The College Board is planning to revise the format of the SAT I test in an effort to assess learning done in the classroom rather than intellectual aptitude.
The potential changes, which would not go into effect until at least 2006, come after the University of California, the nation’s largest public university system, criticized the SAT and made plans to create its own tests.
The changes will not be finalized until at least this summer, but possible alterations include adding a writing section, eliminating or reducing the analogy section of the test, and including more advanced mathematics subjects like algebra II and trigonometry.
The College Board’s trustees will vote on the changes recommended by its member schools, colleges and universities in June, but any modifications would not be made earlier than the fall of 2006.
The College Board has acknowledged that criticism from the UC system was a factor in its decision to rework the SAT I test. UC President Richard Atkinson said in February 2001 that he believed the UC schools should no longer require the SAT I for admission. After a year of research and debate, the UC Board of Admissions and Relations with Schools made a recommendation on March 12 to replace the current SAT tests with a new set of examinations.
“We found [grade point average] was the best indicator of how well a student will do when they get to UC, and closely behind that was the SAT II, which is more of an achievement test, linked closer to the high school work,” said Hanan Eisenman, a spokesman from the UC Office of the President.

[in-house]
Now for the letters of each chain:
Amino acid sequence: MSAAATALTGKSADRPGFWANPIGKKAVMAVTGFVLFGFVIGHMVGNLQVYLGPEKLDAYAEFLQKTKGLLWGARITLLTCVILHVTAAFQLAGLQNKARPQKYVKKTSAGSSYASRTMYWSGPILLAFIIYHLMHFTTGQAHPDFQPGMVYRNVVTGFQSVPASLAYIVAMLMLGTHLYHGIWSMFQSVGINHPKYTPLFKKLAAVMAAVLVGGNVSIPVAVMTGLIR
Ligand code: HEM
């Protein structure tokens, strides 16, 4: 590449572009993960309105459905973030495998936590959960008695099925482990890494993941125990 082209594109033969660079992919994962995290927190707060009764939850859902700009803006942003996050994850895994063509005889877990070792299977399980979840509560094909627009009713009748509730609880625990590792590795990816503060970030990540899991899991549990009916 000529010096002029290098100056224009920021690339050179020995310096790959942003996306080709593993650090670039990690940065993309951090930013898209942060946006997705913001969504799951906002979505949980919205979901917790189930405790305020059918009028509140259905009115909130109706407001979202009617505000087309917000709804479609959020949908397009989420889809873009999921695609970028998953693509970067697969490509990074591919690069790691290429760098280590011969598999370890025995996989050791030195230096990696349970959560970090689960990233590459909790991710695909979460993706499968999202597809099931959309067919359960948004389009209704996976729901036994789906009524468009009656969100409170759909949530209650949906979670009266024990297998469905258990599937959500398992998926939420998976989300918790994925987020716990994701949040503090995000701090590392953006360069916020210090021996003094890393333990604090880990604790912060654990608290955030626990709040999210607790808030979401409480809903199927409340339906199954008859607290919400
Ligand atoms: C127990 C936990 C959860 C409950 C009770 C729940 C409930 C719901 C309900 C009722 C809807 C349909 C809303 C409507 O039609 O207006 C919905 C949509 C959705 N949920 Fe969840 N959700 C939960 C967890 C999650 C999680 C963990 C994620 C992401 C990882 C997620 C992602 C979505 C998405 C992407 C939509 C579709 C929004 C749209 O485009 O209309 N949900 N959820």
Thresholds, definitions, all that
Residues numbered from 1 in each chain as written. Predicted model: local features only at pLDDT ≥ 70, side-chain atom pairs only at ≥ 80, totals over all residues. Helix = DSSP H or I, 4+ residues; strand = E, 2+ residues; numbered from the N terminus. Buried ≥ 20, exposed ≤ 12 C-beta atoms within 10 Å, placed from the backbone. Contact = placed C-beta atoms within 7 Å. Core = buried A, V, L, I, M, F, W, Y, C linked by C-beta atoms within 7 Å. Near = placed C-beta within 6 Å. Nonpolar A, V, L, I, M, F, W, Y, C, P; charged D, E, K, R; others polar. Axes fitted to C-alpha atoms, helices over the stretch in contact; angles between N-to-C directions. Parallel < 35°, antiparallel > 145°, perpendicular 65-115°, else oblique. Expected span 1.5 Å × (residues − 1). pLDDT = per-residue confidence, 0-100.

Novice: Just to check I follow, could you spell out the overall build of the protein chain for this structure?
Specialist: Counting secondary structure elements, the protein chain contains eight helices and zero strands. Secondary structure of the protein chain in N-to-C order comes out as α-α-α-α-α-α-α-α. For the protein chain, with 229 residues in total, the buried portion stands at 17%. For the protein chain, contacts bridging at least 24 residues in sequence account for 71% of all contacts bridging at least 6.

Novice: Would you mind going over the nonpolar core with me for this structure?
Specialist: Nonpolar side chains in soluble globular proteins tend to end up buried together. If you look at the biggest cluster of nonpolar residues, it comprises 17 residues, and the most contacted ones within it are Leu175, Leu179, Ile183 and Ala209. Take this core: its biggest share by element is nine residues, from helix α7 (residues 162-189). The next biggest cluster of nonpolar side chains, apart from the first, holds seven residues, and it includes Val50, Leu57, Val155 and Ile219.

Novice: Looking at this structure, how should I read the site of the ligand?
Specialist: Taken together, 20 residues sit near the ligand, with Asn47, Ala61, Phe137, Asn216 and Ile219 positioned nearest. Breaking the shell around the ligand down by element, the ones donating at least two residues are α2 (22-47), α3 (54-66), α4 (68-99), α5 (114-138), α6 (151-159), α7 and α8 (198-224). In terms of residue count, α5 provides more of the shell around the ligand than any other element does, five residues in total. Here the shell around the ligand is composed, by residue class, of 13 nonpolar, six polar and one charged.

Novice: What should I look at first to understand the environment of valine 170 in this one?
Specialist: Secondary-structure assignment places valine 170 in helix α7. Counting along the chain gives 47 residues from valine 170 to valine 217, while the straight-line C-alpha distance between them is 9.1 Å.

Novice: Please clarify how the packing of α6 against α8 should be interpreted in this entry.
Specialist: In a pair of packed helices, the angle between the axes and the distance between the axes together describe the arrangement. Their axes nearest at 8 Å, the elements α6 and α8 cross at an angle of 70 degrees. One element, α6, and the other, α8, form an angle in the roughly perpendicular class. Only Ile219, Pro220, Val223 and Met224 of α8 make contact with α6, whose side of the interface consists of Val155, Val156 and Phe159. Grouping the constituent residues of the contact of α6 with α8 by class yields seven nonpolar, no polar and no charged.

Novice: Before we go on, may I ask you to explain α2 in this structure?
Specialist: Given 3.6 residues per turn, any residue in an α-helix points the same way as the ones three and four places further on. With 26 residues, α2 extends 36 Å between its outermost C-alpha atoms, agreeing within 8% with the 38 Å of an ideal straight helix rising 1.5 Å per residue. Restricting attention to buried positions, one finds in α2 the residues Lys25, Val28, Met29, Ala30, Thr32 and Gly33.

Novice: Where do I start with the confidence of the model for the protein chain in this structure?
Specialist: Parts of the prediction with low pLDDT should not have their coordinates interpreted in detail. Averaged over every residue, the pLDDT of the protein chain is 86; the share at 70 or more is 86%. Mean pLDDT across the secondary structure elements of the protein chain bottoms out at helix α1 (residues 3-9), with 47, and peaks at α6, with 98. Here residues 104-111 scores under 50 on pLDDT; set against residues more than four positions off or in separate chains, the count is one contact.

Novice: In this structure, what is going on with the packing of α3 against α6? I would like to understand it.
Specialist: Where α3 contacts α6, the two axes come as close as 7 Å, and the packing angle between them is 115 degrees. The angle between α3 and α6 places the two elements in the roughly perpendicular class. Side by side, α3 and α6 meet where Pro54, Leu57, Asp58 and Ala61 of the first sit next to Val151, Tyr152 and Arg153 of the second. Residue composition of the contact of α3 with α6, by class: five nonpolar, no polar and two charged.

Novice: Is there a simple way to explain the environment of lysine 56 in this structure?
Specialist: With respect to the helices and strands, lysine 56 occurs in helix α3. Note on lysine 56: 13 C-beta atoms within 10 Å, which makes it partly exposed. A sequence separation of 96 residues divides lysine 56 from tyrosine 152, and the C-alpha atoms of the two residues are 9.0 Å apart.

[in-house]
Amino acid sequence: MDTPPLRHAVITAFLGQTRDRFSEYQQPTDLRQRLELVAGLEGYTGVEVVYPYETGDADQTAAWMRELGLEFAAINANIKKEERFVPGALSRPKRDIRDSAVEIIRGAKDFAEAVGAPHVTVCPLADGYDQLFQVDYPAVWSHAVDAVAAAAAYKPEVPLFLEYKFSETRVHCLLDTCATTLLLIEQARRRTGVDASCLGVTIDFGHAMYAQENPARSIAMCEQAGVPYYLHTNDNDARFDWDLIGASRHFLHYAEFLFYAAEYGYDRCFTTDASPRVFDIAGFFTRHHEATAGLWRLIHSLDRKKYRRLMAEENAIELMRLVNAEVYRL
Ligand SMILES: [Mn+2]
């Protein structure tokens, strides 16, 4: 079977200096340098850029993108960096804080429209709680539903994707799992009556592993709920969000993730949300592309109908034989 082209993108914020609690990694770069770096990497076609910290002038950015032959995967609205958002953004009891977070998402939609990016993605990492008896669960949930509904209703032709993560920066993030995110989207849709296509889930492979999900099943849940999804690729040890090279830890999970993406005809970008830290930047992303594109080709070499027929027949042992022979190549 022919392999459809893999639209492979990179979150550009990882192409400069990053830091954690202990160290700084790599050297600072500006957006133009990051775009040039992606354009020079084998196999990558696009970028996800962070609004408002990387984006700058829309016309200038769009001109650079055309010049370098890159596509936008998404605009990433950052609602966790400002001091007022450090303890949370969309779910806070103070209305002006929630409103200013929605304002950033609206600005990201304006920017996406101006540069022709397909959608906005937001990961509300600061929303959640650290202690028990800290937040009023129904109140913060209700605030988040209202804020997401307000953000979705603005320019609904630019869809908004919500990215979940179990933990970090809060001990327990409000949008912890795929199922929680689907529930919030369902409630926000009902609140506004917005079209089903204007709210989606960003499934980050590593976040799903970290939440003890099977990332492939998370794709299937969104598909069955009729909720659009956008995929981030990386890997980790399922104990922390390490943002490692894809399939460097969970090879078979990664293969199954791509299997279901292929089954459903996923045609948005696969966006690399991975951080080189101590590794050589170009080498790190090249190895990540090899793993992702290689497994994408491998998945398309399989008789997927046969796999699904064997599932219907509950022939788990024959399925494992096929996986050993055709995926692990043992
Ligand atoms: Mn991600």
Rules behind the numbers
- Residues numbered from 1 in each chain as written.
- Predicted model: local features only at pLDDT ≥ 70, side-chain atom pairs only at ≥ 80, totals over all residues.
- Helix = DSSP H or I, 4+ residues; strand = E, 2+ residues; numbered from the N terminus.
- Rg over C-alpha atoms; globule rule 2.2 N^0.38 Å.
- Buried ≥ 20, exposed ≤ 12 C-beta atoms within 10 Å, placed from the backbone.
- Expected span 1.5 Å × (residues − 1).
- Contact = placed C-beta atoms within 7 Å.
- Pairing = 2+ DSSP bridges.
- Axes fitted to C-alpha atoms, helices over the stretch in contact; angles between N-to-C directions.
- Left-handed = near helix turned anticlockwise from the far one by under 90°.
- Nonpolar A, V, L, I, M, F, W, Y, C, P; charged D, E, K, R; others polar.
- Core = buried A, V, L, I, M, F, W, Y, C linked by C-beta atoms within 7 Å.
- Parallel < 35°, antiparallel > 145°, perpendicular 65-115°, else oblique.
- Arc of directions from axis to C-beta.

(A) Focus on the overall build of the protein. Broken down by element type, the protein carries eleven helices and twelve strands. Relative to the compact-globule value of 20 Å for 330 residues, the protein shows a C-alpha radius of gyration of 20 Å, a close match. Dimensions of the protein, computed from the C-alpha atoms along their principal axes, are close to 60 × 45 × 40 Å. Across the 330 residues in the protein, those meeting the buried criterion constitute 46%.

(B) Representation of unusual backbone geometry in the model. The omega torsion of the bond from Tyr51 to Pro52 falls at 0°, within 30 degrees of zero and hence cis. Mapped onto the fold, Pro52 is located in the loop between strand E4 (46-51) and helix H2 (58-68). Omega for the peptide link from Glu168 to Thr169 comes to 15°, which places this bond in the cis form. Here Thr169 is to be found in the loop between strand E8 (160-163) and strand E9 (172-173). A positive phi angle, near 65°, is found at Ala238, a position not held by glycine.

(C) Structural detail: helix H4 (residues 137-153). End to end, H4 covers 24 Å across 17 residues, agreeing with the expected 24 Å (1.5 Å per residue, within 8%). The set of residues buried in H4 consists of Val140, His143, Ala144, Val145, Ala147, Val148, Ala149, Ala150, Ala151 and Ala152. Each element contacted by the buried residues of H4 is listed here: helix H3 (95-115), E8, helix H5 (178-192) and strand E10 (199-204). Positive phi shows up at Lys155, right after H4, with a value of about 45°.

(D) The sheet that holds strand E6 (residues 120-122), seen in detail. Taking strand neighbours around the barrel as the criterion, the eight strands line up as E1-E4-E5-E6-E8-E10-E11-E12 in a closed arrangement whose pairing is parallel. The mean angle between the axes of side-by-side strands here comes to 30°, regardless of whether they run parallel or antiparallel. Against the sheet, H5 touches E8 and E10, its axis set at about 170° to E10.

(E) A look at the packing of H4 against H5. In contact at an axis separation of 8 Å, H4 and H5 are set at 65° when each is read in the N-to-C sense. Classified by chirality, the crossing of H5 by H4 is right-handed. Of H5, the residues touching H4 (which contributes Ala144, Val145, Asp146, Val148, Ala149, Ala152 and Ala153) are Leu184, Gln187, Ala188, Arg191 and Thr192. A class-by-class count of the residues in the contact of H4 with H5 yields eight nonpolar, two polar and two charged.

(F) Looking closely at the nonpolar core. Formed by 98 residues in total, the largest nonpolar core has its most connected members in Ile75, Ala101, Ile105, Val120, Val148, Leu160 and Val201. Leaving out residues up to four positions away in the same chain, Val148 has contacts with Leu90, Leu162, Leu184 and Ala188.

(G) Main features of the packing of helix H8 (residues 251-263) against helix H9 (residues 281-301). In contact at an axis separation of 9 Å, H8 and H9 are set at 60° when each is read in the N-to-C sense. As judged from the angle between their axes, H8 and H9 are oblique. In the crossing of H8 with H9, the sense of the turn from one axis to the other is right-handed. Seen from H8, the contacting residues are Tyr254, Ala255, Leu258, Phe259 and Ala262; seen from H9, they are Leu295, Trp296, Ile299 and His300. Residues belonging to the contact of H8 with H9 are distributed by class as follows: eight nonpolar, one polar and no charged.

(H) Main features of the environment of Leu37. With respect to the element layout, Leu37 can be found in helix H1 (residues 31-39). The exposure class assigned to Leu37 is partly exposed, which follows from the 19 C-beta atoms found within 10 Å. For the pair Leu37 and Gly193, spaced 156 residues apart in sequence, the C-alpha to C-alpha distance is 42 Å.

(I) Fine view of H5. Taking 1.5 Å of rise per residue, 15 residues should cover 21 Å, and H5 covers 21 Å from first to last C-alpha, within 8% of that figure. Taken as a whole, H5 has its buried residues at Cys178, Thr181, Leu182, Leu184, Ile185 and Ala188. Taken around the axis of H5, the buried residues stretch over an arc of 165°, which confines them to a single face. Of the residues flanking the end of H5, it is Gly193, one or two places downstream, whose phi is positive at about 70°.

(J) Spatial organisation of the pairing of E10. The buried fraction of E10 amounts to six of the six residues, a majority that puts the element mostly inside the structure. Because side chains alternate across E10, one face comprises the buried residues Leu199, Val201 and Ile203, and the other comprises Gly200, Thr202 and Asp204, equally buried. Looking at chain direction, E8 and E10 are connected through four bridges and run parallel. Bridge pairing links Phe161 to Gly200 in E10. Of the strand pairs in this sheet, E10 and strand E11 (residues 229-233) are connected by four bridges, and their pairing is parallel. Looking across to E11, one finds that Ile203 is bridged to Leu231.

The achievement tests proposed by the UC board would be used for the UC schools but would also be transferable to other universities.
“We feel the test will be a better test, it will have greater depth and rigor, it will enhance and be more effective in measuring student’s achieve in high school,” Eisenman said.
Dean of Admissions and Financial Aid Richard Shaw was not available for comment Monday. But Shaw has said he believes the move to alter the admissions testing is unique to California.
“I don’t think there’s been a mad rush to follow,” Shaw said. “The rest of the country has said, ‘We’re not single criterion driven institutions anyway.'”
Shaw said one of the arguments for reworking the SAT would be to address concerns that the test favors students from more affluent schools. But Shaw said that he does not believe UC’s suggestion of making the tests more subject-based will achieve this end.
“They’ve just taken one test and replaced it with another,” Shaw said. “The question I ask myself [is], does that make it more accessible to students from lower socioeconomic backgrounds? I don’t think so. If they’re in relatively poor school districts, with weaker pedagogy and fewer advanced courses, they’re still going to score lower.”
Despite Shaw’s statement that the California system is the exception rather than the rule in its discontent with the current SAT, the College Board has been involved in discussions with UC representatives and seems willing to modify the SAT in an effort to retain the business of the UC system.
Christina Perez is a representative from FairTest, an organization in Cambridge that has been a longtime critic of the SAT test.
“FairTest thinks the proposed changes to the SAT I will not substantially improve the test and are basically coming from a desire for the College Board to keep their product economically viable,” Perez said.
The UC system enrolls about 170,000 students on its nine campuses.
“It’s the largest public university system in the country, so it generates more SAT test takers than any other university system. I think they get something like 90,000 [applications] a year,” Perez said. “The substantive reason behind the [College Board’s] change is to respond to market pressure.”